High computational effort hinders wide-spread deployment of large-vocabulary continuous-speech recognition (LVCSR), for example in home or mobile devices. To this end, we developed a novel approach to LVCSR Viterbi decoding with significantly reduced effort. By a novel search-space organization called virtual hypothesis copies, we eliminate search-space copies that are approximately redundant: 1) Word-lattice generation and (M+1)-gram lattice rescoring are integrated into a single-pass time-synchronous beam search. Hypothesis copying becomes independent from the language-model order. 2) The word-pair approximation is replaced by the novel phone-history approximation (PHA). Tree copies are shared among multiple linguistic histories that end in the same phone(s). 3) Copies of individual tree arcs are shared by recombining within-word hypotheses at phone boundaries according to the PHA. At no loss of accuracy, we achieve a search-space reduction of 60-80% for Mandarin LVCSR, and of 40-50% for English (NAB 64 K). The method is exact under certain model assumptions. A formal specification is derived. In addition, we propose an extremely effective syllable lookahead for Mandarin. Together with the methods above, search space was reduced 12-15 times and state likelihood evaluations 4-9 times without significant error increase. View full abstract»

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  • Semantic confidence measurement for spoken dialog systems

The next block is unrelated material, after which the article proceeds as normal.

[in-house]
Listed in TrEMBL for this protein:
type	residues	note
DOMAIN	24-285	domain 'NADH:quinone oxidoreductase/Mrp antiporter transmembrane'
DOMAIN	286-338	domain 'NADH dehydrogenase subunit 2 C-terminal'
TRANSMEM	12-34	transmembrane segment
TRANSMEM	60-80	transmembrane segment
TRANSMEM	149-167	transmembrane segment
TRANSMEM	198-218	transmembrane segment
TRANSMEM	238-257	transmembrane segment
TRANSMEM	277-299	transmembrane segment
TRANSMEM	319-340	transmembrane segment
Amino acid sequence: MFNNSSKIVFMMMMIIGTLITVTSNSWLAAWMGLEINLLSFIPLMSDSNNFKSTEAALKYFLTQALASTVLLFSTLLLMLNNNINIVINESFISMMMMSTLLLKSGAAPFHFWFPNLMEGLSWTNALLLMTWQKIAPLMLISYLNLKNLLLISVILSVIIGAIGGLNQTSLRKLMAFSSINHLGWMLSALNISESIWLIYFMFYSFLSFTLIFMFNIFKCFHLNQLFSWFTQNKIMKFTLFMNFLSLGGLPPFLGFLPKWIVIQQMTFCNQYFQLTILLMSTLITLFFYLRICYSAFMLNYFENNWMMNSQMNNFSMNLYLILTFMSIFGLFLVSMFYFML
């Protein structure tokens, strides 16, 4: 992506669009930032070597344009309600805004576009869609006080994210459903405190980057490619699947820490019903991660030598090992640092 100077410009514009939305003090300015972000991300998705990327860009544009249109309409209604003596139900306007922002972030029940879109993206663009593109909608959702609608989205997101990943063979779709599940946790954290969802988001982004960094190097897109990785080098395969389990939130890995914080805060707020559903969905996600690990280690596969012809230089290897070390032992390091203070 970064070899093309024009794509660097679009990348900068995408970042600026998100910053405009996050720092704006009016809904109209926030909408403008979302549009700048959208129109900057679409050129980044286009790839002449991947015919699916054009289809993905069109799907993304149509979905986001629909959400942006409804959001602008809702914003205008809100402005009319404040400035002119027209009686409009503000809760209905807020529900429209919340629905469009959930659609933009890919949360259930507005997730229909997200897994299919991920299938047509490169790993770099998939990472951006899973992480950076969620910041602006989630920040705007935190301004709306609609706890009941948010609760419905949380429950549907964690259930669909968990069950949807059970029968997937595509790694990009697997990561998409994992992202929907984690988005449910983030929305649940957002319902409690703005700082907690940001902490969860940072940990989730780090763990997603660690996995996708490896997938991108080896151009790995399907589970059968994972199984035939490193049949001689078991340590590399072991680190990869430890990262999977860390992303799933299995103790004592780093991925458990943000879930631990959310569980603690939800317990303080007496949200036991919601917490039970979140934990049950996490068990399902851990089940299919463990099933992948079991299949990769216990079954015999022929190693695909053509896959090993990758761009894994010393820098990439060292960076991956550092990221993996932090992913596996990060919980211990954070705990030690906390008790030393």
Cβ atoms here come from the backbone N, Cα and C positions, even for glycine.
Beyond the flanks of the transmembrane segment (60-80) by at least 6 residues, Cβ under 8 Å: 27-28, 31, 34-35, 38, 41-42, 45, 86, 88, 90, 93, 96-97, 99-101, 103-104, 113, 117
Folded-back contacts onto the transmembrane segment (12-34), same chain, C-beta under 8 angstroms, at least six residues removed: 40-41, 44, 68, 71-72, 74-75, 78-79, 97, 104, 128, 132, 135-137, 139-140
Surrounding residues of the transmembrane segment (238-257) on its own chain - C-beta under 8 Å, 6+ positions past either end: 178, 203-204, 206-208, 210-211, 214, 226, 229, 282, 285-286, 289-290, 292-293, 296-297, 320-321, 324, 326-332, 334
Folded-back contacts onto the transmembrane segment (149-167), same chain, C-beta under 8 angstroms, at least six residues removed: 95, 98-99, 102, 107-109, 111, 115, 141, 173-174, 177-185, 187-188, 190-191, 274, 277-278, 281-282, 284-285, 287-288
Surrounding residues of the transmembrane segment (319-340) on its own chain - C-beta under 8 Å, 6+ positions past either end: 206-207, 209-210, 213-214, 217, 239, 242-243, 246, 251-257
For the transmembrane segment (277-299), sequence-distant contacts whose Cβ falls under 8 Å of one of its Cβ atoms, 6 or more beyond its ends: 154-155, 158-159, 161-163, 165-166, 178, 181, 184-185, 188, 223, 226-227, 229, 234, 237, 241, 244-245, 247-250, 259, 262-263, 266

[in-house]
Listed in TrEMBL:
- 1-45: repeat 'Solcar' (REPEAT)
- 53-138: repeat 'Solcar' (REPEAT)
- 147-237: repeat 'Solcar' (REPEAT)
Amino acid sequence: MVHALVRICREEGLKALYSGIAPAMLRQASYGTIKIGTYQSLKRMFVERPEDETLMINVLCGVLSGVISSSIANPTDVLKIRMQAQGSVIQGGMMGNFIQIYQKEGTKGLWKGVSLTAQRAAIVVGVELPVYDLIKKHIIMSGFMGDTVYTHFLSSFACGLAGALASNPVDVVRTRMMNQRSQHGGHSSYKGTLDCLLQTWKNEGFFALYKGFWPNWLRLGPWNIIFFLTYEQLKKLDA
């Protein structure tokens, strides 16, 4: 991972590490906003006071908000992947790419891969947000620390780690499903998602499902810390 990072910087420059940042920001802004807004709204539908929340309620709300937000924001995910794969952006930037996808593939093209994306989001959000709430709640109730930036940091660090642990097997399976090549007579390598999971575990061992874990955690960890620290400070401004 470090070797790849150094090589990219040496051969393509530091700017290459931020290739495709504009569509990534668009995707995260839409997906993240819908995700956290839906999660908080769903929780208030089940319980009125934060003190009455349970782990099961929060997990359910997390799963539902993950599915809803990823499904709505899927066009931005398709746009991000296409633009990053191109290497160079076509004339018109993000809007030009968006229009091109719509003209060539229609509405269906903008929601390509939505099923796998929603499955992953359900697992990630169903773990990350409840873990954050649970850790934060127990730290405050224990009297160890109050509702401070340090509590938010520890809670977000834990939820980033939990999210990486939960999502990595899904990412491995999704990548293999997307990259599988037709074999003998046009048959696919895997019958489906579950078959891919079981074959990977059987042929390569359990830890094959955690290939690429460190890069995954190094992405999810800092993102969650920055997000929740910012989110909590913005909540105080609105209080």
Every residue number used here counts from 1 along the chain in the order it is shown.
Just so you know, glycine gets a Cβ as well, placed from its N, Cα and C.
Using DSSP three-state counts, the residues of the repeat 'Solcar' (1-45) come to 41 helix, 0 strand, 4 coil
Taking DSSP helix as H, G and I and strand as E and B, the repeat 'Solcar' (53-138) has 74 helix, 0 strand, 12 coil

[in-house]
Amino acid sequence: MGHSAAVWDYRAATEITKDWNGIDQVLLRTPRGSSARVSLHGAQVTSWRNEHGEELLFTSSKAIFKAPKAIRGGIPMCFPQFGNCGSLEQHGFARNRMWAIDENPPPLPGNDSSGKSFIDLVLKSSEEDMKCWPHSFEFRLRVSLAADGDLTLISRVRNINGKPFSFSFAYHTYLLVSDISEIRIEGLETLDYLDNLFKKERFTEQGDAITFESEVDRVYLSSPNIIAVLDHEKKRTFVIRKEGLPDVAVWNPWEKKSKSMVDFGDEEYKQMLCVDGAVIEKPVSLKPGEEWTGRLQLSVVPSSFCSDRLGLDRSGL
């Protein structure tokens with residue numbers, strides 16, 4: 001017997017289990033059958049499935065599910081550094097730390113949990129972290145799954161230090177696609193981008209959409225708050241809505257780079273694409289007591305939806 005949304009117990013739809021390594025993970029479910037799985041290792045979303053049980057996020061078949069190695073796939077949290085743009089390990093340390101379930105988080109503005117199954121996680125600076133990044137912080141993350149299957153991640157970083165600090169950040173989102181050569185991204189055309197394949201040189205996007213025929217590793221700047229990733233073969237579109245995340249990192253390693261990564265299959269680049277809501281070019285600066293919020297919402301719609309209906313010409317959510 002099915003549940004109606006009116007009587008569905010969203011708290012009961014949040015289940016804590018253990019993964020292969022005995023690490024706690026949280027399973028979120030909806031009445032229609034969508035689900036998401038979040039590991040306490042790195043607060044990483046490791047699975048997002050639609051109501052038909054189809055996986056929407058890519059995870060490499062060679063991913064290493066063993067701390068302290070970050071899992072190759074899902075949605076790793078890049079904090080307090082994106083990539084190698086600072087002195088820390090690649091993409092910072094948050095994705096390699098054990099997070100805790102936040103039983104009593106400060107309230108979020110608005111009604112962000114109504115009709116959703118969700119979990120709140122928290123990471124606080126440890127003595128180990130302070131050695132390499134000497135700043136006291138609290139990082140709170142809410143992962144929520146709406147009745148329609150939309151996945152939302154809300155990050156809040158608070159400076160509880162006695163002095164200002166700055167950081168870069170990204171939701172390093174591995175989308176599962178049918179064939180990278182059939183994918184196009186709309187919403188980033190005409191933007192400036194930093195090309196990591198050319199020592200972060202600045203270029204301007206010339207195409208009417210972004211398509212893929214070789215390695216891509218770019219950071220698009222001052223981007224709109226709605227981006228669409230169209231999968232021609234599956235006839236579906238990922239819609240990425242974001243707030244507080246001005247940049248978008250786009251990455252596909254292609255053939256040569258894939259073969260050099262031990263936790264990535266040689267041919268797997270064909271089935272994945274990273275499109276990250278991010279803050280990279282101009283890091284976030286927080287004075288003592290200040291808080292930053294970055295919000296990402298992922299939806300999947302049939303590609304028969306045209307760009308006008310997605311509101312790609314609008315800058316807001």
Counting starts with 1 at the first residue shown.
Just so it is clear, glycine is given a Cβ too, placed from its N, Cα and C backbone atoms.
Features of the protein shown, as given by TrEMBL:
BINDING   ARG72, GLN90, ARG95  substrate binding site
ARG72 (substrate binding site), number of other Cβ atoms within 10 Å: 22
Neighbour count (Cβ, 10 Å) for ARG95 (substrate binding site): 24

Publication Year: 2005 , Page(s): 534 - 545
    Cited by:  Papers (6)  |  Patents (2)
    Save to Project icon | Request Permissions | Click to expandQuick Abstract | PDF file iconPDF (640 KB) |  | HTML iconHTML  

    This paper proposes two methods to incorporate semantic information into word and concept level confidence measurement. The first method uses tag and extension probabilities obtained from a statistical classer and parser. The second method uses a maximum entropy based semantic structured language model to assign probabilities to each word. Incorporation of semantic features into a lattice posterior probability based confidence measure provides significant improvements compared to posterior probability when used together in an air travel reservation task. At 5% False Alarm (FA) rate relative improvements of 28% and 61% in Correct Acceptance (CA) rate are achieved for word level and concept level confidence measurements, respectively. View full abstract»

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  • A new verification-based fast-match for large vocabulary continuous speech recognition

    Publication Year: 2005 , Page(s): 546 - 553
    Cited by:  Papers (3)
    Save to Project icon | Request Permissions | Click to expandQuick Abstract | PDF file iconPDF (280 KB) |  | HTML iconHTML